This is known as internal chronic inflammation and unlike external inflammation, it is trickier to spot and treat. In fact, you may live with chronic inflammation for several years and not realise it at all.
If you lead a busy lifestyle, live in a polluted city, spend time in the sun, are exposed to chemical irritants (including those found in beauty products), indulge in bouts of junk food or alcohol, or have high stress levels, you’re at a high risk of chronic inflammation.
What happens when you have chronic inflammation?
A lot! As Annee de Mamiel, acupuncturist, aromatherapist, healing holistic facialist, and creator of the most luscious skincare products I have ever come across (including those that deal with inflammation), explains: “Skin-wise, chronic inflammation releases a group of enzymes called Matrix Metallo Proteinases (MMP’s). Among other things, MMPs break down healthy collagen, elastin and hyaluronic acid, which are crucial to skin health. The breakdown of these tissues lead to disorganised and clumped-up fibres.”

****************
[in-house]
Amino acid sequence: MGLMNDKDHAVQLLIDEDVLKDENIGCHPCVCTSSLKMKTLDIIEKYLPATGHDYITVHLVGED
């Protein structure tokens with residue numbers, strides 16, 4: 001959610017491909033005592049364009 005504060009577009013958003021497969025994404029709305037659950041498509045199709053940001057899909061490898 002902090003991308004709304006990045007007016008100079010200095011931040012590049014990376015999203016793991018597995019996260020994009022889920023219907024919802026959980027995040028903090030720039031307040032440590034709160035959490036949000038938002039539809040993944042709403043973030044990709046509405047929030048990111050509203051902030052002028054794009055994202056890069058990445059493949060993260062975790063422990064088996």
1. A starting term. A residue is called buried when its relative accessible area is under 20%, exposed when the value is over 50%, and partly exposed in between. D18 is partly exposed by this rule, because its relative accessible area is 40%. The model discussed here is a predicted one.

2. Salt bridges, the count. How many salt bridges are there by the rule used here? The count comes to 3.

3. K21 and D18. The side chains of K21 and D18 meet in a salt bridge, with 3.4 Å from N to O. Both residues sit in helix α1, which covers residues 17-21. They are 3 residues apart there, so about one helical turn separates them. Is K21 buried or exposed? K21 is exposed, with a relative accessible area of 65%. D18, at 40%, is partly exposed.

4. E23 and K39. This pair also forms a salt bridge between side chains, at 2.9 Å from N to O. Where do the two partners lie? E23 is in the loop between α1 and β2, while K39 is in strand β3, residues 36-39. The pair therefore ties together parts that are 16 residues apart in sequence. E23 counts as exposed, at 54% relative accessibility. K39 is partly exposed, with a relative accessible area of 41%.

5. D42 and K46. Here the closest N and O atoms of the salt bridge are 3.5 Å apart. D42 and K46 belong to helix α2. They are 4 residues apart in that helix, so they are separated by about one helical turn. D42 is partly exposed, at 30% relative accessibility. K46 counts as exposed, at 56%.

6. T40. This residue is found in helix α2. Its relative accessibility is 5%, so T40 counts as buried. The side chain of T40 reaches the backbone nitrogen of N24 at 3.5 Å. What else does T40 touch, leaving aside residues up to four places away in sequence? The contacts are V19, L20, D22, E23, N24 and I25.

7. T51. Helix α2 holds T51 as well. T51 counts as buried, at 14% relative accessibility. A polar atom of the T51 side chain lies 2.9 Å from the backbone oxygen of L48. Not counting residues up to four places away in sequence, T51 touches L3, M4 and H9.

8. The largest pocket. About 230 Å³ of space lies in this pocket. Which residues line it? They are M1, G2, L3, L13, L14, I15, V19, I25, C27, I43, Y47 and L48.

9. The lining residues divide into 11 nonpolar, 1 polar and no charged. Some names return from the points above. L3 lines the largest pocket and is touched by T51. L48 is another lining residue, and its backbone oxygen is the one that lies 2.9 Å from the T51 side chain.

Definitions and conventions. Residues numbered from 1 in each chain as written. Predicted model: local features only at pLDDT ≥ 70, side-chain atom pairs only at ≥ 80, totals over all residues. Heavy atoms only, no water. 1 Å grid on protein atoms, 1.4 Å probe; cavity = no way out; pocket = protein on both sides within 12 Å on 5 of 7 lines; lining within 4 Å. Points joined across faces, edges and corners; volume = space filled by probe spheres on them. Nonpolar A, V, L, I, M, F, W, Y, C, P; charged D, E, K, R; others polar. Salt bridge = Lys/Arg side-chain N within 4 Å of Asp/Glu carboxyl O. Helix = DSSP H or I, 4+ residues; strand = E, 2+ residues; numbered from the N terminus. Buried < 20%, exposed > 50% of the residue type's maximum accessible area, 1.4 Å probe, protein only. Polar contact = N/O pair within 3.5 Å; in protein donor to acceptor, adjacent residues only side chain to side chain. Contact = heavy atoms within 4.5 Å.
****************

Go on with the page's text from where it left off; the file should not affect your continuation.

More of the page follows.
Marie Reynolds, the celebrated wellness and skin health expert, adds: “Inflammation increases pH, and increases mucus in the body, which in turn creates a breeding ground for bacteria, virus and fungus. All of which impact the skin and influence the epidermal flora and fauna.”
Cue: Your complexion starts piling on the acne, sallowness, puffiness, lack of radiance, loss of smoothness, fine lines, dark circles, wrinkles and sagging. If left untreated, it manifests in more chronic skin problems such as dermatitis, psoriasis, eczema and rosacea.
And that’s not all: Chronic inflammation is also a known factor in diabetes, heart disease, dementia, irritable bowel, arthritis, cancer, stroke, asthma and a whole lot of other ailments.
Do I have chronic inflammation?
Internal inflammation is difficult to spot and tricky to treat – especially since we don’t have enough doctors looking out for the symptoms.
Annee gives us quite a comprehensive list of what to look out for: